Oliver N Bacon.

A history of Natick, from its first settlement in 1651 to the present time; with notices of the first white families, and also an account of the centennial celebration, Oct. 16, 1851, Rev. Mr. Hunt's address at the consecration of Dell Park cemetery, &c. .. (Volume 2) online

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Online LibraryOliver N BaconA history of Natick, from its first settlement in 1651 to the present time; with notices of the first white families, and also an account of the centennial celebration, Oct. 16, 1851, Rev. Mr. Hunt's address at the consecration of Dell Park cemetery, &c. .. (Volume 2) → online text (page 5 of 22)
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themselves upon this great and hazardous undertaking, of planting
themselves at their own charge in these remote ends of the earth,
that, without offence and provocation to our Brethren and Country-
men, we might enjoy that liberty to worship God, which our own con-
sciences informed us was not only our right, but duty ; as also that


we might (if it so pleased God) be instrumental to spread the light
of the Gospel, the knowledge of the Son of God, our Saviour, to the
poor barbarous heathen, which, by his late Majesty, in some of our
Patents, is declared to be his principal aim.

These honest and pious intentions have, through the grace and
goodness of God, and our kings, been seconded with proportionable
success ; for, omitting the immunities indulged by your Highness'
royal Predecessors, we have been greatly encouraged by your
Majesty's gracious expressions of favor and approbation signified
unto the Address made by the Principal of our Colonies, to which
the rest do most cordially subscribe, though, wanting the like season-
able opportunity, they have been (till now) deprived of the means
to congratulate your Majesty's happy restitution, after your long
suffering, which we implore may yet be graciously accepted, that we
may be equal partakers of your royal favor and moderation, which
hath been so illustrious, that (to admiration) the animosities and
different persuasions of men have been so soon composed, and so
much cause of hope, that (unless the sins of the Nation prevent) a
blessed calm will succeed the late horrid confusions of Church and
State : and, shall not we Dread Sovereign) your subjects of these
Colonies, of the same faith and belief in all points of doctrine with
ouV countrymen, and the other reformed churches (though perhaps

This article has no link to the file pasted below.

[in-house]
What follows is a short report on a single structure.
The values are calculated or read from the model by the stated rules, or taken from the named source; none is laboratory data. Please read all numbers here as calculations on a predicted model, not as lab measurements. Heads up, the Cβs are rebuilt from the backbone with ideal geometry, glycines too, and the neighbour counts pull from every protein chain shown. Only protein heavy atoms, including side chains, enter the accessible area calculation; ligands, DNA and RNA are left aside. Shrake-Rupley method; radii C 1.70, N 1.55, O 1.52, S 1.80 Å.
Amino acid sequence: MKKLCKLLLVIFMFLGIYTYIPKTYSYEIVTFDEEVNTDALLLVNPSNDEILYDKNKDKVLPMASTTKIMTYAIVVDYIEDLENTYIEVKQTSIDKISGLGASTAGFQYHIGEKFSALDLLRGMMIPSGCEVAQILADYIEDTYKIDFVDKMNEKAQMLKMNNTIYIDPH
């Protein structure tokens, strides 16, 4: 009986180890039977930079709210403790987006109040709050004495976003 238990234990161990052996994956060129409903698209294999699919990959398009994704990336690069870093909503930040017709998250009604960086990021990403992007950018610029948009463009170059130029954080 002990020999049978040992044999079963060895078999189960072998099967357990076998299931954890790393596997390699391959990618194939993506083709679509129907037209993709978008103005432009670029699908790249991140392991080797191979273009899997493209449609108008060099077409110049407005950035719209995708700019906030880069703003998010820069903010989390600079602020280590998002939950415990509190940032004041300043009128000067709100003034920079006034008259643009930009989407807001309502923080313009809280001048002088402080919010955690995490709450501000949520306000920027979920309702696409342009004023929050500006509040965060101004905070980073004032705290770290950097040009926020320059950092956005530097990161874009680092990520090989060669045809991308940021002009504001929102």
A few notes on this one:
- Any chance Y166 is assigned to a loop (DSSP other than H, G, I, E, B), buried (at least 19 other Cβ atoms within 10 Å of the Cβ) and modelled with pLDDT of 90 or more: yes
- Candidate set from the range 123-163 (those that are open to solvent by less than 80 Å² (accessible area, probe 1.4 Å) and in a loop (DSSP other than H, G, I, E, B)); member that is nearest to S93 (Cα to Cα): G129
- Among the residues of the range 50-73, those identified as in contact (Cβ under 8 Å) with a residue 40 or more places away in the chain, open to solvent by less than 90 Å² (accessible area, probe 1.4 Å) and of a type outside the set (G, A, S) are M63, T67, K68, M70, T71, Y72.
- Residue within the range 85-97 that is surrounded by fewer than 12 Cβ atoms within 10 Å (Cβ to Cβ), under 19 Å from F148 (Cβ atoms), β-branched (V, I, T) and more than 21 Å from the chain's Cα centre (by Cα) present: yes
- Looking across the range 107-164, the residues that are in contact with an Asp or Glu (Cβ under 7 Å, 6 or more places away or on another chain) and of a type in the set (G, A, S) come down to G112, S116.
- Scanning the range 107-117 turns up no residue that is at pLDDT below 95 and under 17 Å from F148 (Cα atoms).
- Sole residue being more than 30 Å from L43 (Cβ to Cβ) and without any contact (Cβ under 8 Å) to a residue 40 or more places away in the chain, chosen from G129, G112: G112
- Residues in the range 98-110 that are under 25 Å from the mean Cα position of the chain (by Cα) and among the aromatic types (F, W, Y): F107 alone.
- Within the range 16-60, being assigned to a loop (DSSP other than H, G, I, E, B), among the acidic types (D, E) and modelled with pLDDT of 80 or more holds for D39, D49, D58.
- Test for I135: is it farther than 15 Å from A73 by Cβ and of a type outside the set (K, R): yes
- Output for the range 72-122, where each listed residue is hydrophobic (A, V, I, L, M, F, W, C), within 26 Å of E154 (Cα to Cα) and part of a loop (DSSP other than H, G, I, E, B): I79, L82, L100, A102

not alike persuaded in some matters of order, which in outward
respects hath been unhappy for us) promise and assure ourselves of
all just favor and indulgence from a Prince so happily and graciously
endowed ?

The other part of our errand hither hath been attended with
endeavors and blessing, many of the wild Indians being taught, and
understanding the doctrine of the Christian religion, and with much
affection attending such preachers as are sent to teach them, many
of their children are instructed to write and read, and some of them
have proceeded further, to attain the knowledge of the Latin and
Greek tongues, and are brought up with our English youths in
University learning. There are divers of them that can, and do read
some parts of the Scripture, and some catechisms, which formerly
have been translated into their own language, which hath occasioned
the undertaking of a greater work, viz., the printing of the whole
Bible, which (being translated by a painful laborer amongst them,
who was desirous to see the work accomplished in his day) hath


already proceeded to finishing the New Testament, -which we here
humbly present to your Majesty, as the first fruits and accomplish-
ment of the pious design of your royal ancestors.

The Old Testament is now under the press, wanting and craving
your royal favor and assistance, for the perfecting thereof.

We may not conceal that though this work hath been begun and
prosecuted by such instruments as God has raised up here, yet the
chief charge and cost which hath supported and carried it thus far,
hath been from the charity and piety of our well afifected country-
men in England^ who, being sensible of our inability in that respect,